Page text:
The Mask Policy Leaves the Student Body Divided


Rick Swanson

Since the first day of school, masks have been required for everyone inside the school building.

Keely Jordan, Co-Editor-in-Chief

At Hingham High School, all students must wear masks indoors, except for the cafeteria at lunchtime. Students are also permitted two extra minutes added to their passing time between B and C block to give a mask break. These policies have been in place since the start of the school. The opinions of students and staff differ drastically on them.
After interviewing several students and listening to conversations heard in several classrooms, two opinions appeared predominant. The first is that, while the masks are helpful, vaccines are more effective, and wearing masks currently can be considered excessive. The second is that this mandate is crucial and keeps students safe. This article seeks to elaborate on both of those opinions through more in-depth student quotations.
Senior Ella Niehoff states that “I do not like the mask rule.” She then goes on to explain three reasons behind that opinion.
“I think it’s unreasonable and the rules don’t make sense. First, we have to wear them all day except for lunch where we sit together and are spreading COVID germs. Second, we see our teammates at sports practice without masks and we are free to socialize with them normally from giving them a hug to a high five. Third, I have been told that the student body has reached 80% vaccination, which is enough for the school to legally end the use of masks at HHS.”
Niehoff’s concerns are not unfounded. A significant trend in the opinions of students revolved around lunch. The fact that lunch is neither distanced nor requires masks, a policy that would be impossible to enforce considering students are eating, the use of masks in regular classroom situations seems futile. If the school trusts that in a packed, mostly indoor lunchroom, COVID will not spread, yet believes that it will in less crowded classrooms, there is reason to be concerned.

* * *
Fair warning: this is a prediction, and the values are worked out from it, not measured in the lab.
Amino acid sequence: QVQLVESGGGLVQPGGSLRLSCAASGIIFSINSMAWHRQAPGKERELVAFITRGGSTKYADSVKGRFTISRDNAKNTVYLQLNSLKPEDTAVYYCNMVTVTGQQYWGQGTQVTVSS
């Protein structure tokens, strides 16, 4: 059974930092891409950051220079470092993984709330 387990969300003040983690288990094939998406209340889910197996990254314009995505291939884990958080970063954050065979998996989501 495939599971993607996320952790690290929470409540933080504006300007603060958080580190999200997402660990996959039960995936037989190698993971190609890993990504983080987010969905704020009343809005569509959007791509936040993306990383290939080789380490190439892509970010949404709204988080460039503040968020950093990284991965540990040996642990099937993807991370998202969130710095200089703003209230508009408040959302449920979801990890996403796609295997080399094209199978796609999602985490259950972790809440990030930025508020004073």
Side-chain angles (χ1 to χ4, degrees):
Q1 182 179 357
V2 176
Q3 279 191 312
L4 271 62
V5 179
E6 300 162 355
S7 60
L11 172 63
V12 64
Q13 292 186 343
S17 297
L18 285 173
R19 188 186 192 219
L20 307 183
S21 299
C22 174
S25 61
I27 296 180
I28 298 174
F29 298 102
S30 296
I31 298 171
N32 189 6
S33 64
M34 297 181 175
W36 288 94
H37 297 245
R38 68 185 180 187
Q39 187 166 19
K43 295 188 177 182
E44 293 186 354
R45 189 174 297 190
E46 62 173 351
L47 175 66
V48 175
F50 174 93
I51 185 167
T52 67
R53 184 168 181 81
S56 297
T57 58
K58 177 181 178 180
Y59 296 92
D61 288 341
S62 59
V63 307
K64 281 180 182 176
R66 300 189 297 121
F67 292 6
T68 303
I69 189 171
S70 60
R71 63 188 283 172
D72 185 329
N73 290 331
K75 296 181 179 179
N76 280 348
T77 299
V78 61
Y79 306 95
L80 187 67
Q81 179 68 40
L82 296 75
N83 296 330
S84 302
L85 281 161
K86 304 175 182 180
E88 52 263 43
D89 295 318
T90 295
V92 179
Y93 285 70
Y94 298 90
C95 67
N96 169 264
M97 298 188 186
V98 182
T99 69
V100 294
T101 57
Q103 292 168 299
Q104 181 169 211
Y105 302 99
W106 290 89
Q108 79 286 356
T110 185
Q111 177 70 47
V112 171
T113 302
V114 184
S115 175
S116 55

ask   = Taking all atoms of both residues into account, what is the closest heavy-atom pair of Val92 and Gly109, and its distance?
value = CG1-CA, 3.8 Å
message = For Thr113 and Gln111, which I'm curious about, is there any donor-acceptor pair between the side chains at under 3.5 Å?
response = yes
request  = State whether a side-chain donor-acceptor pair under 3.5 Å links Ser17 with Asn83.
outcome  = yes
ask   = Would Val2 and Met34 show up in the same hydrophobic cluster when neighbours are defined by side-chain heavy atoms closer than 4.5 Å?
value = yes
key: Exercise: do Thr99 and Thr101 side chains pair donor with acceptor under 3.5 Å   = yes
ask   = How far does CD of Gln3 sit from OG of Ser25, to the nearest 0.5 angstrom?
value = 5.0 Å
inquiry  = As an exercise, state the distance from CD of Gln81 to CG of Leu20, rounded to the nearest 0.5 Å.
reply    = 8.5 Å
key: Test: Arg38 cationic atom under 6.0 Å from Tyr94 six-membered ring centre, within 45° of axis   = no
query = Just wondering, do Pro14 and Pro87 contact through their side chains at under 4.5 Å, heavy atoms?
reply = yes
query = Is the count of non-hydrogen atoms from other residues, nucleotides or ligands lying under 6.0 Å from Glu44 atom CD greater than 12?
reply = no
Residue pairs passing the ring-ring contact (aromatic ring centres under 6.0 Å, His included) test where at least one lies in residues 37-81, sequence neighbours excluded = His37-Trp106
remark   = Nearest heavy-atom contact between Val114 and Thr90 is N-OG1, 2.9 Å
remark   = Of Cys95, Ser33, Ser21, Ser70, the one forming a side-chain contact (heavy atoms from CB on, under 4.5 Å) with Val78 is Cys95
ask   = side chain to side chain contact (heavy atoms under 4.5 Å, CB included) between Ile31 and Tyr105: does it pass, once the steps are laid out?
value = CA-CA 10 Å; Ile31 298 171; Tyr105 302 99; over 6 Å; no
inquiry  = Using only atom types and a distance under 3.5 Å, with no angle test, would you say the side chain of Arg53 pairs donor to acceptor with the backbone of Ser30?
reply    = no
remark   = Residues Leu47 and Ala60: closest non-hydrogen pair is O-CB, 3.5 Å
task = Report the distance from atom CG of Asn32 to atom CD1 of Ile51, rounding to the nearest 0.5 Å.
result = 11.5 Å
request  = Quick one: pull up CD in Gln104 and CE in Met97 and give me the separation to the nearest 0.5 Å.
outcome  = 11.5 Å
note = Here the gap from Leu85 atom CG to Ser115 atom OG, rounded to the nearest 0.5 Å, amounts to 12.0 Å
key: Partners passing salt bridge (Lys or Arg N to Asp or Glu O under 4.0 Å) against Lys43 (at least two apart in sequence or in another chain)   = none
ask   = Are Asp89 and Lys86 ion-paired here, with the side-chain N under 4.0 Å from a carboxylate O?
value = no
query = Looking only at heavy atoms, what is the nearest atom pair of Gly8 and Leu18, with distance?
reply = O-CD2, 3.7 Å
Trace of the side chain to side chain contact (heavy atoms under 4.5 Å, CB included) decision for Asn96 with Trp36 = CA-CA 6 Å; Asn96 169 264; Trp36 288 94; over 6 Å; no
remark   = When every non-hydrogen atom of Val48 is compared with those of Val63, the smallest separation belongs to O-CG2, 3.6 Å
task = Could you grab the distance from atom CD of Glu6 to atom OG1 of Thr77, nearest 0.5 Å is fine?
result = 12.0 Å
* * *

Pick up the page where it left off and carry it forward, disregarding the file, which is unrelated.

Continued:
Senior Maddie Eikinas offered a differing opinion from Niehoff. She stated that “I like the maks. I haven’t gotten sick at all this year.” Moreover, she adds, “Wearing masks is also an extra precaution for protecting families and people who are high risk.” Eikinas offers a valid point to be concerned about. Masks, while often seeming inconvenient, are always a safety measure. Perhaps the student body should move to a place where masks are not required, but students can choose to wear them out of comfort. This could eliminate some animosity toward the policy, while still allowing cautious students to feel safe. Students and teachers will know more about the direction of the mask policy in November, so students and teachers should keep a lookout for that.
Senior Emily Conroy offers an approach that speaks more toward the waiting game. She states that “I think that it is still important to wear masks until we get the statistics for vaccinated students so that we can better make a decisive decision on whether it is safe to remove the rule for the rest of the year.” Often, this strategy may be the best. Without sufficient data, one can only speculate about the safety of the student body. At this point, students and teachers are at the mercy of the administration to determine what comes next.